Ten customs officers dismissed over drug crimes in four years
Ten customs officers have been fired for colluding with drug criminals over the past four years, EenVandaag reported on Monday based on data from the Customs service.
The tracking of dismissals due to severe drug-related offenses began in 2019. Since then, six officials from the Rotterdam Port Customs have been let go. Two were dismissed from Customs Breda, responsible for operations at ports including Vlissingen. Corrupt employees have also been removed from both Customs Amsterdam and Customs Schiphol Cargo.
In addition to the ten dismissals, three other officers are currently either suspended or awaiting trial. The specifics of their cases have not been disclosed.
The cocaine mafia exerts immense pressure on these employees, remarked Customs Director Nanette van Schelven. Organized crime targets officials at all levels of the service. Even office personnel are not exempt from their advances, as they might possess valuable information. "Unfortunately, we've seen that," she said.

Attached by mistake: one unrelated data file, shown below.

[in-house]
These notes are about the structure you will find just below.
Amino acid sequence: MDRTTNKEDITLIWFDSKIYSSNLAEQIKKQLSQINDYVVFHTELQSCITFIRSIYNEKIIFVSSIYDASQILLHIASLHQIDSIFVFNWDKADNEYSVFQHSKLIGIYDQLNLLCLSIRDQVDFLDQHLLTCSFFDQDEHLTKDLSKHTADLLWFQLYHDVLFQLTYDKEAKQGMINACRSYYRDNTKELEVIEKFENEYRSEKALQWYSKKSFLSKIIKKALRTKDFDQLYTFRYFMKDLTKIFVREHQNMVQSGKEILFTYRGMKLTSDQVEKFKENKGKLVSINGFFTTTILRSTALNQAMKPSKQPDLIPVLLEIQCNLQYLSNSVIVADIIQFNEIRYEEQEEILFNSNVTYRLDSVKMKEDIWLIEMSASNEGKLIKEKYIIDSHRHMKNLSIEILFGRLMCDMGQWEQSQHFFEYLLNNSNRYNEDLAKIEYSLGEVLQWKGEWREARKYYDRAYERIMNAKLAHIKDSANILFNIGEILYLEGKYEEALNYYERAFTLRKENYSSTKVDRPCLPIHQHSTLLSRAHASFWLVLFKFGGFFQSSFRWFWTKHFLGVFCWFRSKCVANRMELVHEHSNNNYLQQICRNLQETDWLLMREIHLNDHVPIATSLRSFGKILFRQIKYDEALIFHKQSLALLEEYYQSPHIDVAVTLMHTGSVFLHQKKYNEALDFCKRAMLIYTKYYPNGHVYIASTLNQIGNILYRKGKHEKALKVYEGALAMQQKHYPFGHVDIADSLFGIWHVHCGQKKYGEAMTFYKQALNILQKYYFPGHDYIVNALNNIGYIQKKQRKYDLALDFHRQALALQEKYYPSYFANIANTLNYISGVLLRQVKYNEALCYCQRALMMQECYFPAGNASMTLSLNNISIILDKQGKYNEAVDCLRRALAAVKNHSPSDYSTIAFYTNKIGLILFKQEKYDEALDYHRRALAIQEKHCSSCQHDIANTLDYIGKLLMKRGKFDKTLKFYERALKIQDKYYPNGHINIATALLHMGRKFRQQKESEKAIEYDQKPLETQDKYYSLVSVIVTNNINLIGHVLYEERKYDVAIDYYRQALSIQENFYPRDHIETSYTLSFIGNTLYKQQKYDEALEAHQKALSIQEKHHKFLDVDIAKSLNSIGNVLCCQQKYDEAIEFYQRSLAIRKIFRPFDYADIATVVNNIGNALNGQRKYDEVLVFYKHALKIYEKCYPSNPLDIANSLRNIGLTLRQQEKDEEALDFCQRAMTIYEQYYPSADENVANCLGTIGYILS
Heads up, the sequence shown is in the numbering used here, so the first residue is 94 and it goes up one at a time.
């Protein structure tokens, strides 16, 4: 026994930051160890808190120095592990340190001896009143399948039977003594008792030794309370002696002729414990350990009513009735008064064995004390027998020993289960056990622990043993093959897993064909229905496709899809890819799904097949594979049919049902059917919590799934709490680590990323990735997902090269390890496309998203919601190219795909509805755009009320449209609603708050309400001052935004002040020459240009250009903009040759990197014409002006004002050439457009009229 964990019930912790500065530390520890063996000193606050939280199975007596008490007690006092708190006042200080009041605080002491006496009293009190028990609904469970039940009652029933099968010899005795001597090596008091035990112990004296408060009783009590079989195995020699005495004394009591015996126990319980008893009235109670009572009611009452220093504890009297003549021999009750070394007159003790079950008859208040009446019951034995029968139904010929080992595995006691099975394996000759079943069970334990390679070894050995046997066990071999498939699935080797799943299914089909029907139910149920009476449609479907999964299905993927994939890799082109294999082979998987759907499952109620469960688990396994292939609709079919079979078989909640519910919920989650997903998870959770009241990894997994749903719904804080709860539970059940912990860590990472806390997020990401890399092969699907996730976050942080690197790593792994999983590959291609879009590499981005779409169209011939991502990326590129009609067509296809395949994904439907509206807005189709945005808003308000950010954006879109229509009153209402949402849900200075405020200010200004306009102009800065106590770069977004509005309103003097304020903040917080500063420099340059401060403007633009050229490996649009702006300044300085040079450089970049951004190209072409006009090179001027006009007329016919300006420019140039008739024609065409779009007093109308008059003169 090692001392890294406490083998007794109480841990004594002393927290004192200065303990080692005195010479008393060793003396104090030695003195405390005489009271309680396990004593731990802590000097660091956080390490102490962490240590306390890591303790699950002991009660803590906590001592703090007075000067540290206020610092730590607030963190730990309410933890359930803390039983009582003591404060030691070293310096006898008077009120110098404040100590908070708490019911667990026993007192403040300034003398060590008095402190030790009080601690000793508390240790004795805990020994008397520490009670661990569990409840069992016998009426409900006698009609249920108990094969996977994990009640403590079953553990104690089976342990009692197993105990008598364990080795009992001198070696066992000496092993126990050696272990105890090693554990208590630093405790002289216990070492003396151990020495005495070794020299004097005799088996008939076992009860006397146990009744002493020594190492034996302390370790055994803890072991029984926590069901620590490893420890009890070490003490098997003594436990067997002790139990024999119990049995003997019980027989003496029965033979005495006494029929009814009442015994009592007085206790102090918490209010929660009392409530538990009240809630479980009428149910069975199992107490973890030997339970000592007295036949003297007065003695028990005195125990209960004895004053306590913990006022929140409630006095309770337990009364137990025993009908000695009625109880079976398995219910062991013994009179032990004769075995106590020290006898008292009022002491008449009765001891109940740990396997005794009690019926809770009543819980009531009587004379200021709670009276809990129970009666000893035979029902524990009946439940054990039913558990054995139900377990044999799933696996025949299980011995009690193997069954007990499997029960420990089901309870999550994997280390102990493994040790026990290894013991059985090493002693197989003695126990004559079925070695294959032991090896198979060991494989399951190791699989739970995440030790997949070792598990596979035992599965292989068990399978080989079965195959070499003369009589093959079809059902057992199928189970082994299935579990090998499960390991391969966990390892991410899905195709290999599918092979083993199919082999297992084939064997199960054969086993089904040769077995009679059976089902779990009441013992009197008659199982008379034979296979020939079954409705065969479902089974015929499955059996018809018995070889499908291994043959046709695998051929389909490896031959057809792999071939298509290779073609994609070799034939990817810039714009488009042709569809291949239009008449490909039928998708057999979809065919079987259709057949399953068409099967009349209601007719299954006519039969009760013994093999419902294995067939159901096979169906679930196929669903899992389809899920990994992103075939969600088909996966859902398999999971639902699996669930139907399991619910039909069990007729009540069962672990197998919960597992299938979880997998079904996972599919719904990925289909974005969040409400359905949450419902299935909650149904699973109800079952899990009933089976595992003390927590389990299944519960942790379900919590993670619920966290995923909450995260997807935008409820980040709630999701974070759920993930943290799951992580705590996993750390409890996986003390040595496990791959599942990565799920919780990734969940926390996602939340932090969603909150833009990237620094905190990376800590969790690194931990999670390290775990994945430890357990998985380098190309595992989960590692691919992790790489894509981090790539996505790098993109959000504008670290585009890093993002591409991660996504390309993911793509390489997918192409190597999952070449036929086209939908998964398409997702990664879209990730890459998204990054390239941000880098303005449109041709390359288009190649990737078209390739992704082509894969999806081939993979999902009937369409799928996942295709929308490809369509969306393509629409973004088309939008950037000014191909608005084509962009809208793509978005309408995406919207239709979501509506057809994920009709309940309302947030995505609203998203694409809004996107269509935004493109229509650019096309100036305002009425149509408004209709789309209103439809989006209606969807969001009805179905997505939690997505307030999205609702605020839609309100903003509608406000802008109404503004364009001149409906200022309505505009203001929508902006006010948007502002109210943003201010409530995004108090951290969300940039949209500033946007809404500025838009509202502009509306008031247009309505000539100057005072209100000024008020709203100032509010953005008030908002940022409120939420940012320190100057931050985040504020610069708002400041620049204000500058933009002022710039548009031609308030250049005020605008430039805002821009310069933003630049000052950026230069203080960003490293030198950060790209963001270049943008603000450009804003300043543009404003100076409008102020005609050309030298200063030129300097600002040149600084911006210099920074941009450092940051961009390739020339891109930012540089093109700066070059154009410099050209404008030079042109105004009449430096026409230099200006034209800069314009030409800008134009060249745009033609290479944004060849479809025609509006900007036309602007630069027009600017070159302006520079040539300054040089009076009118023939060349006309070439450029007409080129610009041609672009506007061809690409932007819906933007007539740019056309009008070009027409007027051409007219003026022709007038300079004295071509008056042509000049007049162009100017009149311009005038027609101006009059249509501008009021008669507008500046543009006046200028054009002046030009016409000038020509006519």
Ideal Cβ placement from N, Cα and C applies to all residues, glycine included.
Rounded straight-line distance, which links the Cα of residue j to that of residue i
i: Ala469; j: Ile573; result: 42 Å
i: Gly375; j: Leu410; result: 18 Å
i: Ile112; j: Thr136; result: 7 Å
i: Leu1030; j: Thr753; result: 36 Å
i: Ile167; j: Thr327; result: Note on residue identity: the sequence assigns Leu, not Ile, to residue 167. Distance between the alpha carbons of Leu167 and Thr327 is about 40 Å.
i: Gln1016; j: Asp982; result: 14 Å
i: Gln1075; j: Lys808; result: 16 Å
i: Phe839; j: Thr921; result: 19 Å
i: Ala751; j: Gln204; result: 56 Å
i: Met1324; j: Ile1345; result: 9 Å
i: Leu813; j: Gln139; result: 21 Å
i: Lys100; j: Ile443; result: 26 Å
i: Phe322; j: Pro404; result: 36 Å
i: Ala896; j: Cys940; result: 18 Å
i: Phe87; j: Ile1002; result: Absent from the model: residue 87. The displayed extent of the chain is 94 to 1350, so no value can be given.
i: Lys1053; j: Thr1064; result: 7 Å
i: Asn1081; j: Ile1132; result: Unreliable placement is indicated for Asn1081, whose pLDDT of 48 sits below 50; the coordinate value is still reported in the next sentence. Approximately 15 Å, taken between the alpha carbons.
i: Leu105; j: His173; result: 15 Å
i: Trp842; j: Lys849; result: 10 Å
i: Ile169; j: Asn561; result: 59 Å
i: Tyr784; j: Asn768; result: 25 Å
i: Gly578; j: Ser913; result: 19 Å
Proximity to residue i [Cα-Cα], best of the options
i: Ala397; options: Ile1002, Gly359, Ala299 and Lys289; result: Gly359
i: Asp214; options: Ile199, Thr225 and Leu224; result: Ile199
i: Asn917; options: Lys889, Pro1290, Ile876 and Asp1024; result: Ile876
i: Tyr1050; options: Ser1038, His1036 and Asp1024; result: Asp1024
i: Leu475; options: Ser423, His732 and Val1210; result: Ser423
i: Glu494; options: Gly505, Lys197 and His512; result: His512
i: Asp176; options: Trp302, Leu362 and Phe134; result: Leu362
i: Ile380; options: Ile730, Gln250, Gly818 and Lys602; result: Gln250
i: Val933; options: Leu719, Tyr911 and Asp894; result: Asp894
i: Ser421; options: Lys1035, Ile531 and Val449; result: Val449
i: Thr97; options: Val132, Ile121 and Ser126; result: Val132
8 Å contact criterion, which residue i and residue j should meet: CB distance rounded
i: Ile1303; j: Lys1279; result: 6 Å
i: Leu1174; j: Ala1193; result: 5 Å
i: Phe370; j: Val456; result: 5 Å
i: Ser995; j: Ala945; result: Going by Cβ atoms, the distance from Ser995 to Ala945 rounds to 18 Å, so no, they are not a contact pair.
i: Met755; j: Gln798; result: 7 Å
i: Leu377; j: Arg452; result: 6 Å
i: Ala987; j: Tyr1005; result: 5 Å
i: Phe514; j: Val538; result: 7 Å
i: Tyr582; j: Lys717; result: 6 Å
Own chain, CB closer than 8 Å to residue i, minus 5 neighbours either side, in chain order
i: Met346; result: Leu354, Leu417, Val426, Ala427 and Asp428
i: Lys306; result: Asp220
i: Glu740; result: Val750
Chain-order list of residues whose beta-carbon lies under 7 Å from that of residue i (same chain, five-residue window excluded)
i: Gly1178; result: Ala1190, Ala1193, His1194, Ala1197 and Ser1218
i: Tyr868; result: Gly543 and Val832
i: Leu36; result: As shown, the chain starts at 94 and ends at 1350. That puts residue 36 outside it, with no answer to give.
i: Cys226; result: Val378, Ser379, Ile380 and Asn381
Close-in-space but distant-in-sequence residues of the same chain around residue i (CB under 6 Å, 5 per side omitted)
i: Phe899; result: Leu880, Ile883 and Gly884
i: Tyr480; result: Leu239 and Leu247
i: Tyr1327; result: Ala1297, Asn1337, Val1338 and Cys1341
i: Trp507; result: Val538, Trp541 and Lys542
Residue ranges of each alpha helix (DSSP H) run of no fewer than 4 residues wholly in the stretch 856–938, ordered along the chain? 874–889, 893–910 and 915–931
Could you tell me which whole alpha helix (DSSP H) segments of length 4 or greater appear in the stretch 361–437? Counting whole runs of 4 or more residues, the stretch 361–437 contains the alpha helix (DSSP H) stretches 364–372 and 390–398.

Some officials are approached discreetly, perhaps at their local sports club, by individuals showing an unusual interest in their work. Others encounter more direct school. Some customs officers even find themselves followed home and then pressured into cooperation.
The arrest of a customs officer for collusion in drug crime leaves a profound mark on their colleagues, Van Schelven noted. Beyond her dismay, she expresses her curiosity, wondering what drives an individual to betray their oath of office.
Such incidents are becoming a recurring issue. “It's just something we have to deal with,” Van Schelven said. "You see that the severity has increased. That worries me a lot,” she added.
An internal investigation has been launched to assess the vulnerability of the organization. “In the environment in which we work, we must absolutely not be naive,” she said.
In recent years, Customs has done a lot internally to discuss integrity and resilience, says Van Schelven. Screening new employees via the Declaration of Good Conduct (VOG) has also become more extensive.
The organization established partnerships in Belgium, Ecuador, and Brazil. These collaborations have effectively increased cocaine interceptions in Brazil meant for the Netherlands. Van Schelven believes it is “much better” to halt the shipments before they ever reach Dutch ports.
She admitted that it took time before a real approach emerged. "We have taken very good steps. But our improvement agenda has a horizon of at least five years and two of those have now passed,” she said.